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Arthur Dove and American Abstraction

Arthur Dove and American Abstraction

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Art has always been one of the most important media used by humans to better understand and interpret the surrounding world and their role in it. However, until the twentieth century humanity was more interested in representational art showing real objects. Abstract art existed even in ancient cultures, but it experienced new unprecedented development in the first half of the twentieth century. This essay explores the nature of American abstract art and studies the main aspects of Arthur Dove's oeuvre as one of the most influential artists of this movement in the USA.

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The European artists such as Marcel Duchamp, Pablo Picasso, and others were pioneers of abstract art. They revolutionized artistic circles in Europe at the beginning of the twentieth century. However, during this period American art was still mostly romantic in its nature. Later the abstract ideas began to come to the USA from Europe, and American artists were quite enthusiastic about these new tendencies. The 1913 International Exhibition of Modern Art in New York was the first time when European and American abstract painters exhibited their works together in the USA (DeLue, 2016). This event gave a huge boost to the development of abstract art in America. The next important stage of abstract art development was the emergence of abstract expressionism in the 1940s and the 1950s. This artistic movement embraced painters of very different styles and ideologies, but all of them were devoted to rendering emotions with the help of abstract forms. This art can be called distinctly American because such painters as Willem de Kooning, Jackson Pollock, Mark Rothko, and others managed to create a new revolutionary approach to abstract art peculiar to the USA.

Arthur Dove was oe of the pioneers of American abstract art. He created his first works at the beginning of the 1910s when this movement was still developing at a very slow pace in America. His interest in abstract art can be partially explained by the fact that he lived in Europe for some time and was well acquainted with new tendencies that were popular there. He had some exhibitions in Paris with other American artists such as Max Weber and others (DeLue, 2016). In 1913, he created a work titled Sentimental Music (pastel on paperboard). At the first stages of his career, he was to a certain extent influenced by French modernism, and this work reflects all the principles of European abstract art. While creating Sentimental Music, he also introduced some new concepts that were not often referred to in Europe. This painting deals not only with the impact of abstract forms on the perception of the viewer but also explores the notion of synaesthesia that was crucial to Arthur Dove, Georgia O'Keeffe, and other American artists (Balken, 2009). These artists tried to analyze the connection between different human senses and paid much attention to the studies of their interconnections. Lines and a specific palette play the most important role in this painting. They create a strong rhythm that can be associated with some melody. This painting is a very innovative and creative interpretation of the connection between art and music. Sentimental Music is also an attempt to prove that specific combination of visual elements can cause the same feelings and emotions as the sounds of music (Murphy, 2007).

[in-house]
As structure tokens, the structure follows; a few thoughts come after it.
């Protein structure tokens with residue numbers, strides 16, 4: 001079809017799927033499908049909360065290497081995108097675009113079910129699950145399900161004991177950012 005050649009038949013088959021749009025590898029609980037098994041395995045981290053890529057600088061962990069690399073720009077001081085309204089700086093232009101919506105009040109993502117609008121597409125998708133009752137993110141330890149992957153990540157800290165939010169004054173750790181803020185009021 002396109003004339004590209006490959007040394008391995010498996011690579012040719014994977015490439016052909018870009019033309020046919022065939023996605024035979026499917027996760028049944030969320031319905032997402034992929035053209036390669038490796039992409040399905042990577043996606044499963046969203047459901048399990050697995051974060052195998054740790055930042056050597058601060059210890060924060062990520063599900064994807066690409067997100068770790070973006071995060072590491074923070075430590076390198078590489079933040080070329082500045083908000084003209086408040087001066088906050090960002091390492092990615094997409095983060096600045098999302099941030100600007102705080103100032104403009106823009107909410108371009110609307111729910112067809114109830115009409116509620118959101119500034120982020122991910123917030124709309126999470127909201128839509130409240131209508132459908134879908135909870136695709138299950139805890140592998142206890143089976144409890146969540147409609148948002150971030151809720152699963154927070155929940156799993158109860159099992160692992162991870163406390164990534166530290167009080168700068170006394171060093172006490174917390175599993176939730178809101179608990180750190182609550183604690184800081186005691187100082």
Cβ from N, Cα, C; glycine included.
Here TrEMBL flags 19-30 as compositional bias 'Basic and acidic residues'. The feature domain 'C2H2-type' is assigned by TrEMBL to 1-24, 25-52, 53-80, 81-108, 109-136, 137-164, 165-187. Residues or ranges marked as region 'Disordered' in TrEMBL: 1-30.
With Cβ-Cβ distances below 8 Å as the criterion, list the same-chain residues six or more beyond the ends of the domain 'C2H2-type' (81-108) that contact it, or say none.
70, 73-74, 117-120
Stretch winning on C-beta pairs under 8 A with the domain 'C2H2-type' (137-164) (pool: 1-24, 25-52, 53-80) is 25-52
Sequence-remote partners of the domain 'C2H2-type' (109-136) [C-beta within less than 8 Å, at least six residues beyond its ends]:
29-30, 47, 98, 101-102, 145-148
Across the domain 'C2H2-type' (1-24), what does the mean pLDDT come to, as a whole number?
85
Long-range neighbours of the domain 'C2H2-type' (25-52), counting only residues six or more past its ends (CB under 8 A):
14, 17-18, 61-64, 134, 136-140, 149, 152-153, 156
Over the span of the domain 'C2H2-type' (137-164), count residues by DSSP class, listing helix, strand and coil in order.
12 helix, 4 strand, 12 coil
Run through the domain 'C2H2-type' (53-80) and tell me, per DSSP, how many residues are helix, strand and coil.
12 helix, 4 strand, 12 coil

Another important theme in Arthur Dove's works is the role of nature in the age when machines and mechanisms drew so much attention of both the public and artists. Arthur Dove never openly criticized urbanissm in his works, but at the same time it is clear that he was more interested in nature and its relations with humans than in the new and fast-growing urban world. Dove created many works that use abstraction to interpret and analyze the elements of the natural world. Among them there are such prominent and thought-provoking paintings as Cow (1912) and Storm Clouds (1935). At first, these works made me puzzled as I could not correlate their titles with the things that the artist painted. However, later the information I learned about abstract art helped me to understand that while analyzing these paintings I should not apply the same criteria used for evaluating representational art. The paintings of Arthur Dove taught me to let my mind "roam freely" and rely on subconscious processes rather than on the logical interpretation of the work of art. I was especially impressed with Storm Clouds. When I read the title, I tried to find some landscape elements here, but it turned out that Dove saw nature more like a certain anthropomorphic creature because the eye in the center of the painting is obviously very similar to a human eye. This idea was very interesting, and I came to the conclusion that the weather in the painting was a metaphoric representation of emotions of nature as if it was a living creature.

To conclude, the works of Arthur Dove are crucial to the development of American abstract art. He played an important role during the period of this movement formation and greatly influenced the style of abstract expressionists in the middle of the twentieth century. Dove used various abstract elements to study such themes as the interaction of human senses and the meaning of nature. His paintings combine elements borrowed from European abstraction and purely American ideas.

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